It’s a work in progress—that’s how a new brief from the 40-state ACA Implementation Research Network, a project jointly operated by the Rockefeller Institute and the Brooking Institution, describes ACA implementation so far. Among the brief’s findings: Medicaid enrollments have exceeded early forecasts, as many people who had been eligible for Medicaid only learned of their eligibility when checking on the exchanges. It also discusses the emergence of new concerns for consumers as many health insurance companies try to reduce costs by narrowing their networks of providers and by offering more tightly defined HMO plans; ever-changing market conditions, such as withdrawals by certain insurance companies from participating in the exchanges and warnings of increased rates; and the complex sharing of responsibilities between states and the federal government. As the brief notes, there is still a lot to learn, and “new laws like this take a long time to play out.”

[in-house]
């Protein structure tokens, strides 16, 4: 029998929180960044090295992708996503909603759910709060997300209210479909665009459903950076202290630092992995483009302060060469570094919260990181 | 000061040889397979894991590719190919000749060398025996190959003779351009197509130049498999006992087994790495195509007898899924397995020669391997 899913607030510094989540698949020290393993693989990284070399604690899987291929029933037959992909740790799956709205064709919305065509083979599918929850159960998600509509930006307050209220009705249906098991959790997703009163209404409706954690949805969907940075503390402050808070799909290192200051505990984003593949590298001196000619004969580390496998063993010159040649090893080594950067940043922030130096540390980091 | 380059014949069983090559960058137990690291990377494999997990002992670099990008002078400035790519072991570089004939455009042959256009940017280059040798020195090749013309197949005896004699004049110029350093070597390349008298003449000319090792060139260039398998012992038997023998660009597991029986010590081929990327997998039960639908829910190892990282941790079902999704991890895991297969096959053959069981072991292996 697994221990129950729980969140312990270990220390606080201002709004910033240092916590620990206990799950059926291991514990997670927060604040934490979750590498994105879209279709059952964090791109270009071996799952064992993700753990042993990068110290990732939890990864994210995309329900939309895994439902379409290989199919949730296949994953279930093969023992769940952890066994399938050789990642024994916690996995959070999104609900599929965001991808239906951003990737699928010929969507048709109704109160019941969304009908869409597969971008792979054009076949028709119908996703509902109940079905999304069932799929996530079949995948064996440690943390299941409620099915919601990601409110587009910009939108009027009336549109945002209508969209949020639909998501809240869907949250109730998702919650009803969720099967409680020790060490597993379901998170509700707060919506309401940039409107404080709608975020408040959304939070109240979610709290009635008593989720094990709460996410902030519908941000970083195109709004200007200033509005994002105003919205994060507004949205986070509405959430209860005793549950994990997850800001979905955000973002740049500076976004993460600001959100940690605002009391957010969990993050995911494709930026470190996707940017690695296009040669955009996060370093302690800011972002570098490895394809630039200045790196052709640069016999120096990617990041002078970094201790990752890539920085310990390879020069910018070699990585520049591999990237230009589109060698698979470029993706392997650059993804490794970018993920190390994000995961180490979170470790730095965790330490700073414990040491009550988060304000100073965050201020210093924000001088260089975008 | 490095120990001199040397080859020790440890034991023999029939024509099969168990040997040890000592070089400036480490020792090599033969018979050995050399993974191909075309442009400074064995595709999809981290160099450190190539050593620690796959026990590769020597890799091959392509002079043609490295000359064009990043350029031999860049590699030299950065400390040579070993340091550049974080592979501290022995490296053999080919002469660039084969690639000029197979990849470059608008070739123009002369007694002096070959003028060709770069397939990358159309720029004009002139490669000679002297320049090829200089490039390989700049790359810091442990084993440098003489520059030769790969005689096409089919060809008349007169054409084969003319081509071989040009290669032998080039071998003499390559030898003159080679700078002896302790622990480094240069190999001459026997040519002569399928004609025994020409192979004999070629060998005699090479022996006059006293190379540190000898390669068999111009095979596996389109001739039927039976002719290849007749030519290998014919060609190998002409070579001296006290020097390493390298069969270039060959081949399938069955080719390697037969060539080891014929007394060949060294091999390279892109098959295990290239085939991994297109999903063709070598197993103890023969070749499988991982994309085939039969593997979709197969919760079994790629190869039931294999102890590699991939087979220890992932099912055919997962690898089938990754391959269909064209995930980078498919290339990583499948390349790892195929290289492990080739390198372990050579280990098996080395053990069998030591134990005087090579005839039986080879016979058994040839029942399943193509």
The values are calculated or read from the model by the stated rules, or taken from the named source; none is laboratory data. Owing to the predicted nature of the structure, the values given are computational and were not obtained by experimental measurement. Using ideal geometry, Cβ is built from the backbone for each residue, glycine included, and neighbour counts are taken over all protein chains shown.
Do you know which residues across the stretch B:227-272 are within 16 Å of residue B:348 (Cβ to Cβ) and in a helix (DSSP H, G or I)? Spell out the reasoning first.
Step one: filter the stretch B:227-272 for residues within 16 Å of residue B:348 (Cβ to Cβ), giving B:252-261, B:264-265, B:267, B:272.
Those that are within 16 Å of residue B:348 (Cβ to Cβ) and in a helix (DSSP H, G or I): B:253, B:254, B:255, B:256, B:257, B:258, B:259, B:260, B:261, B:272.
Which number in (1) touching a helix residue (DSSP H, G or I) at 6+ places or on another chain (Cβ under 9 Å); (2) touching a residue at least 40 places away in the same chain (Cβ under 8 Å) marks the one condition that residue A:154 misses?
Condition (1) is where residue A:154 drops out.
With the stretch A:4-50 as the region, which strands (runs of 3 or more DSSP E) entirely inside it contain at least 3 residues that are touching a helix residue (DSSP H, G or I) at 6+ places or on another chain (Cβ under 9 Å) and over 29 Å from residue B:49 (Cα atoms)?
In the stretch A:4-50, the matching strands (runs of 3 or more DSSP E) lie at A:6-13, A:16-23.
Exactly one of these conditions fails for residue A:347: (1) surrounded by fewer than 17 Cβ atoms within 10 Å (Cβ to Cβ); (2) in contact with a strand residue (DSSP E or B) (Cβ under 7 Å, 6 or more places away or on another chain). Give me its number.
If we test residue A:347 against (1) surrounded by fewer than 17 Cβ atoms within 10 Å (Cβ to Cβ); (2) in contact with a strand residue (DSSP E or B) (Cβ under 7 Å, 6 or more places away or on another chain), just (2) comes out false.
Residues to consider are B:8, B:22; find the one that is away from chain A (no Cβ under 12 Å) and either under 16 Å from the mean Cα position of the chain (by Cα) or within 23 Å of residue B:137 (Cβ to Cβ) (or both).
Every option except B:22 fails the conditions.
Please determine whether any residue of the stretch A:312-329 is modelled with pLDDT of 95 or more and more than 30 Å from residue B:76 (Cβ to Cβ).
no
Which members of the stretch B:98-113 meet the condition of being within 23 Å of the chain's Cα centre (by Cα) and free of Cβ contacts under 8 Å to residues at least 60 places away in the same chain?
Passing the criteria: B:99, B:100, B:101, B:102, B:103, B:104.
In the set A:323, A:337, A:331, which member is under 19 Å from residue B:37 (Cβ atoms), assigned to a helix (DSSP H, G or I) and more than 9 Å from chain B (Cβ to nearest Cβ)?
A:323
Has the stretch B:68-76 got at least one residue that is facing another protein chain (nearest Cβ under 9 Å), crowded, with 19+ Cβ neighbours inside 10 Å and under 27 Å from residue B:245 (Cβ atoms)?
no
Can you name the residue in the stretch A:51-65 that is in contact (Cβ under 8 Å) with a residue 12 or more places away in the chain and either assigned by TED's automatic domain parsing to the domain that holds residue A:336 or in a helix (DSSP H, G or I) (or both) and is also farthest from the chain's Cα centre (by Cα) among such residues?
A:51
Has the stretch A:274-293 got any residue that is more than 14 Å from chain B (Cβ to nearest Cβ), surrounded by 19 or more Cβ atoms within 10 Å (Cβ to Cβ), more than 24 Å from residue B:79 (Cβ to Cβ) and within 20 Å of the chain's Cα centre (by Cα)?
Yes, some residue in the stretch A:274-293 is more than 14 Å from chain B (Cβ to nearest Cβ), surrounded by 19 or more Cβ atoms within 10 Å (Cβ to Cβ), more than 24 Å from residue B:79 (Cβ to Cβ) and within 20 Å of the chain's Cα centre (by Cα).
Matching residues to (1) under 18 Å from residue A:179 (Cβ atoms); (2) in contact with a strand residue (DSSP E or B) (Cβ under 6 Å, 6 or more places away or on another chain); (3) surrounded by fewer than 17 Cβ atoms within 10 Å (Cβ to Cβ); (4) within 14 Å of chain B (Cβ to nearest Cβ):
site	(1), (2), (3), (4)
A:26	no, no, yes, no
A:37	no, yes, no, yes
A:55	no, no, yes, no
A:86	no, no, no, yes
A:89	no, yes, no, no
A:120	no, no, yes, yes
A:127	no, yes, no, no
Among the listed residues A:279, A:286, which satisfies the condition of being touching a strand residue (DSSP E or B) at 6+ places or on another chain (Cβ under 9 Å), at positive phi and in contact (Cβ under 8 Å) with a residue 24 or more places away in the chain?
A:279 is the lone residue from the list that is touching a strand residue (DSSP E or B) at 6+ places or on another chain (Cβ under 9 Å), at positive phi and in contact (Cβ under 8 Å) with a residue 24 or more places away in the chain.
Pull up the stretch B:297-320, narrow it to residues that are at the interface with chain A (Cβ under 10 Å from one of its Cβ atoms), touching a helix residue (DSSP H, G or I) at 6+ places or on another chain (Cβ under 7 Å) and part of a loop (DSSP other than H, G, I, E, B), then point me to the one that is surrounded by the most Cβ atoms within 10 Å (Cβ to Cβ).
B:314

GFOA recommends that state and local government employers that sponsor group health plans implement a process for reviewing federal health-care benefit requirements at least quarterly to ensure that they are aware of any newly issued or soon-to-be issued regulations. This level of monitoring will allow plan sponsors to implement the most cost-effective approaches to ensuring compliance with the ACA while offering appropriate benefit levels and options to employees and retirees. GFOA’s Complying with the Affordable Care Act best practice provides tips on establishing the monitoring process, including staffing levels and expertise, employee communications, maintaining grandfathered status, complying with the requirements, and whether to segregate retiree health-care plans.